"I love you, too," she echoed, looking up at him with earnest eyes. "Can we just sleep together? As in--y'know--'sleep' together?"

"If that's what you want, of course."

He bent his head, intent on kissing her again, but Buffy turned her back as she snuggled in. Shrugging off the insecurities that wanted to return, Giles turned off the light and pulled the covers up around them both. He spooned himself around her, one arm reaching to hold her, as if that alone were enough to make her stay.

Their bedroom was awash with moonlight and shadow, a hauntingly surreal place in the late hour, after a long day--a long week--where reservations and doubts blossomed in the dark.



"When are we going shopping to buy our bed?"

Her question made him wonder if, perhaps, he had judged too harshly. Perhaps everything was fine between them, and her reluctance to make love with him simply stemmed from the mental block of doing it in her mother's bed.

Perhaps. Perhaps not.

"When do you want to go?"

"Soon. I want to soon," Buffy told him, ambiguous enough to refer to both the shopping and the intimacy. Her hand found his, on the mattress before her, her fingers curling their way around it.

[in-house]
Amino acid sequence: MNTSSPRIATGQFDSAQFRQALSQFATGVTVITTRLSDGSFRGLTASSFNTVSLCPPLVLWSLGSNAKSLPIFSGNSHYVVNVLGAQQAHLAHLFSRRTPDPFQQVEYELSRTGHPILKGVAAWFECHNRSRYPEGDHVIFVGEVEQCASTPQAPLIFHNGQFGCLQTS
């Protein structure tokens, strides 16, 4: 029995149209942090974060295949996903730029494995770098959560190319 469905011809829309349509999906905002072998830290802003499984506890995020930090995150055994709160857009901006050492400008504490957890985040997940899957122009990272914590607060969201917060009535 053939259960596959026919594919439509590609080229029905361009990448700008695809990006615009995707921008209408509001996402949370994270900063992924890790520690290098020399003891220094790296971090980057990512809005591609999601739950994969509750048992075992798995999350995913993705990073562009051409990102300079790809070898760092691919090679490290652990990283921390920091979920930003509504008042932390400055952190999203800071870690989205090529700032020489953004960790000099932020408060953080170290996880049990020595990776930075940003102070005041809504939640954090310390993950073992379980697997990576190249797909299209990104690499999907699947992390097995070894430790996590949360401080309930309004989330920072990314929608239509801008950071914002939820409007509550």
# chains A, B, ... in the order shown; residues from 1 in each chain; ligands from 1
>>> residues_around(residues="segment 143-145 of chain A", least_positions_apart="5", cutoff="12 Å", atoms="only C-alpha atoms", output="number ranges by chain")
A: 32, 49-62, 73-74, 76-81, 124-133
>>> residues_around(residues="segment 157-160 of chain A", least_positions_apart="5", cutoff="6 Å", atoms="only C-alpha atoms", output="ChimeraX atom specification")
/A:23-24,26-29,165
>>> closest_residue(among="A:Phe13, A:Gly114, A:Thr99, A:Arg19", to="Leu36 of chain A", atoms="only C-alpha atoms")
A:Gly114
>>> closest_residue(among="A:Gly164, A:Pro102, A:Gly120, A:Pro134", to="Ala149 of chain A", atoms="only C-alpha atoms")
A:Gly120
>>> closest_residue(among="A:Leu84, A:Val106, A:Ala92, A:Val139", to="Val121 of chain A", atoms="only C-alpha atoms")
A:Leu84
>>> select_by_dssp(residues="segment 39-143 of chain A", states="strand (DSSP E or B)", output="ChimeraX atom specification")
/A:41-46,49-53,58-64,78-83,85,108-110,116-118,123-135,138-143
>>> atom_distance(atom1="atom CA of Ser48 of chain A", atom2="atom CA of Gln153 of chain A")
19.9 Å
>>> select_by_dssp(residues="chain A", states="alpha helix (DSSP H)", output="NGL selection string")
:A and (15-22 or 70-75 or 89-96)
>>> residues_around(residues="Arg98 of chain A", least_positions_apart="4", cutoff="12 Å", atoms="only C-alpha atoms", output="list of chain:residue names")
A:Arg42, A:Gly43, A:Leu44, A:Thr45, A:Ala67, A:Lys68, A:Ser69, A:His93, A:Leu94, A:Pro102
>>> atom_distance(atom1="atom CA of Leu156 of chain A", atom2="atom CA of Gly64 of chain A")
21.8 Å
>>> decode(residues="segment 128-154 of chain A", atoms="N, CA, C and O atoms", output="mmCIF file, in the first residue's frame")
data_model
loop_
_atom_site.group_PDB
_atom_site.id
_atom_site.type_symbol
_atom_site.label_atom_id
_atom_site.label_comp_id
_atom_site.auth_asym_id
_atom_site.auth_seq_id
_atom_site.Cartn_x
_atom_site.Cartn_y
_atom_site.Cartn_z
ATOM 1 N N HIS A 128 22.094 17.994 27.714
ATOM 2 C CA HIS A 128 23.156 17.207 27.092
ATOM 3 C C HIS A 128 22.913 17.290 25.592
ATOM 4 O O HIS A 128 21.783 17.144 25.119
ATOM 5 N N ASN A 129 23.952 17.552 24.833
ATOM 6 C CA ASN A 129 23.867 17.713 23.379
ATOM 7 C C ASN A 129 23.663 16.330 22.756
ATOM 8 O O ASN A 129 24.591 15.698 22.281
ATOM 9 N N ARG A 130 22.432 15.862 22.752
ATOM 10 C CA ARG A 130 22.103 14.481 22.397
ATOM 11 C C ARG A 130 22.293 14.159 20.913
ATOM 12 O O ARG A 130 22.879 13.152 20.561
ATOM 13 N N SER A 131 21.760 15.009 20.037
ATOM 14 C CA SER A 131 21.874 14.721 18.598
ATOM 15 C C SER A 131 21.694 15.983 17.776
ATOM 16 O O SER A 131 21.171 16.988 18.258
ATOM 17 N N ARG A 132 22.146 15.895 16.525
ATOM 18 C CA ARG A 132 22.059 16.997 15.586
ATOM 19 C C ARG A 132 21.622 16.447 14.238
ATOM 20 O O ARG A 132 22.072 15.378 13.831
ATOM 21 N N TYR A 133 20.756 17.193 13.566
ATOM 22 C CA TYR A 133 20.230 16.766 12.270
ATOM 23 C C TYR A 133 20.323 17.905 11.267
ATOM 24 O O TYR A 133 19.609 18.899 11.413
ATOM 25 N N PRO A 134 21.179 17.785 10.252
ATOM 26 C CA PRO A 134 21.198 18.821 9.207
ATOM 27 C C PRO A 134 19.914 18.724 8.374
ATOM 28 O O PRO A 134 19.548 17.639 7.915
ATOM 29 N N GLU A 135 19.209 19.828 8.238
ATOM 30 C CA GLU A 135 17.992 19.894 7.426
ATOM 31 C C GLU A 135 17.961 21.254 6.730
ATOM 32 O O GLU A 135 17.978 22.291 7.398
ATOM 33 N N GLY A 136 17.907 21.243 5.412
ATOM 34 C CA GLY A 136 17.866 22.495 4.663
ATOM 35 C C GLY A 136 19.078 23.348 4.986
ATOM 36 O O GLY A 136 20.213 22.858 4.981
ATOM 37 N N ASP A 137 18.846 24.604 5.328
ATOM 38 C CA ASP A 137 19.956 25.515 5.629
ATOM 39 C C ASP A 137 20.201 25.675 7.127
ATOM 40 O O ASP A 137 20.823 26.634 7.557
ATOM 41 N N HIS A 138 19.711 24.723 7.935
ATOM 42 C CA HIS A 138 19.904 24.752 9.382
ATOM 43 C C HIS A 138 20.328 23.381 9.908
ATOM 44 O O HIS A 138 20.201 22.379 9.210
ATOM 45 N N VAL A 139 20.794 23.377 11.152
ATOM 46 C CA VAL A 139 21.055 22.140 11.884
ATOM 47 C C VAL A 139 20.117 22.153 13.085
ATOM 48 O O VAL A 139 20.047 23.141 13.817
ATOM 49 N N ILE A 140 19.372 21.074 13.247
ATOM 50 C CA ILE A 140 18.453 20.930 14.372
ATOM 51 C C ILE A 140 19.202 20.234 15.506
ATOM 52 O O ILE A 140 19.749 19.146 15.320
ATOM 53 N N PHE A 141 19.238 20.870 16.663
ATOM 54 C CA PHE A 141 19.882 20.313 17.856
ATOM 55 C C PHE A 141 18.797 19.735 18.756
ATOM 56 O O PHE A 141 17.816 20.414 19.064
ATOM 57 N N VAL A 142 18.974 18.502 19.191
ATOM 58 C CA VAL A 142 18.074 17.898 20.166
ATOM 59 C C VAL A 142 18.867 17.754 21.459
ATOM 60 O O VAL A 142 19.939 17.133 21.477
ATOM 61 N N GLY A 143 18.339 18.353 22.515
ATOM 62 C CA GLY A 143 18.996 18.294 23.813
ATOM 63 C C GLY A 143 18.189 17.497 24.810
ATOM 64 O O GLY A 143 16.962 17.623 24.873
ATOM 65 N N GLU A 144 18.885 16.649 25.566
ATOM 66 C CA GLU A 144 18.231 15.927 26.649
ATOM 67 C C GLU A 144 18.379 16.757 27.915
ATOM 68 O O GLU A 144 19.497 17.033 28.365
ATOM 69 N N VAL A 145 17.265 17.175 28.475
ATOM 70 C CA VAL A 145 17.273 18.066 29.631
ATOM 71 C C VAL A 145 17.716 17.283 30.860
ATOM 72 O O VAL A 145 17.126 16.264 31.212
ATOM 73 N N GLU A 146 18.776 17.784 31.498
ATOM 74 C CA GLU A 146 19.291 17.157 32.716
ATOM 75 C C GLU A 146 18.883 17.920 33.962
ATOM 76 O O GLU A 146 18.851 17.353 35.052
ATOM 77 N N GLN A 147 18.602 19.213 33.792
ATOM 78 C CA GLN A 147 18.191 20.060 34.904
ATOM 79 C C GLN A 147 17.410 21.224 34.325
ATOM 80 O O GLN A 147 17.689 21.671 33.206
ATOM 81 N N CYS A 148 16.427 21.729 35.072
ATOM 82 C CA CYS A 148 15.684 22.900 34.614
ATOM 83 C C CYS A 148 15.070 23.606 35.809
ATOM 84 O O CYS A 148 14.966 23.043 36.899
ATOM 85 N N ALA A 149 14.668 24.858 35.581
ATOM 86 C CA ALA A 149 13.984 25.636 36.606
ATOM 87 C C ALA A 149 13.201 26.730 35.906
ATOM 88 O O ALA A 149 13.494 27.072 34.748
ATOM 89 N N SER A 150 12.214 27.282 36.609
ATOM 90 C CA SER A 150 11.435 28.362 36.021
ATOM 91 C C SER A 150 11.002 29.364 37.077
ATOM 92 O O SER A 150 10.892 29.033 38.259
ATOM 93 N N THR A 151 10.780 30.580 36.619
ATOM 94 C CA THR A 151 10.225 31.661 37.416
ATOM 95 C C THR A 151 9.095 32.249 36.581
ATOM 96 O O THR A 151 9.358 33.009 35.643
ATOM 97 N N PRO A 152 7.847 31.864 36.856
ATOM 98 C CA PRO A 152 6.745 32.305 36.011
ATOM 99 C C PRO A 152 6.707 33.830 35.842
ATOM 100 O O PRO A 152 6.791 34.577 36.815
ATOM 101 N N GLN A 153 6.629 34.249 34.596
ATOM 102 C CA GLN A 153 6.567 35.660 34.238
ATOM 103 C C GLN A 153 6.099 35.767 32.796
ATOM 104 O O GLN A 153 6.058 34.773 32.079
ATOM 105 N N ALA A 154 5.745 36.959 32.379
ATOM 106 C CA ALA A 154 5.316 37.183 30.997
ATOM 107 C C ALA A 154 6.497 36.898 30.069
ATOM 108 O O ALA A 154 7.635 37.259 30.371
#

Giles planted the night's final kiss behind her ear, watching the restive shadows stir. "Goodnight, my love."

"'Night... "

The breeze rustled the curtains, restless like his thoughts. Part of him suspected he was being foolish, yet after such a taxing week of misery and lies, he no longer had a clear picture of what Buffy expected of him, or the role she wanted him to play in her life. He felt her slipping away from him, even here, in his arms, right now. No matter how hard he tried to hold on, or how much he strove to be the man he thought she wanted, Buffy continued to go her own way, following her own path, away from him. He saw a metaphorical fork in the road, somewhere up ahead, one that he was no longer certain they would choose to travel together.

Tonight, of course, she had the benefit of the doubt, and he trusted, come morning, that it wouldn't all look so bleak. He would start afresh, first by retrieving the bulk of his clothes and other belongings from his flat, and moving in permanently, reasserting his presence in Buffy's life. He would take her shopping and they would buy their new bed, and then they would christen it for hours as he worshiped her, body and soul.

He would make her need him again, or he would make her hate him in trying.

Disillusioned, Giles watched the love of his life lying peaceful and content in his arms, wondering just how long she intended to stay, just how long he could keep her, until sleep finally took him into its lonely, dreamless embrace.

Read the next chapter: Precipice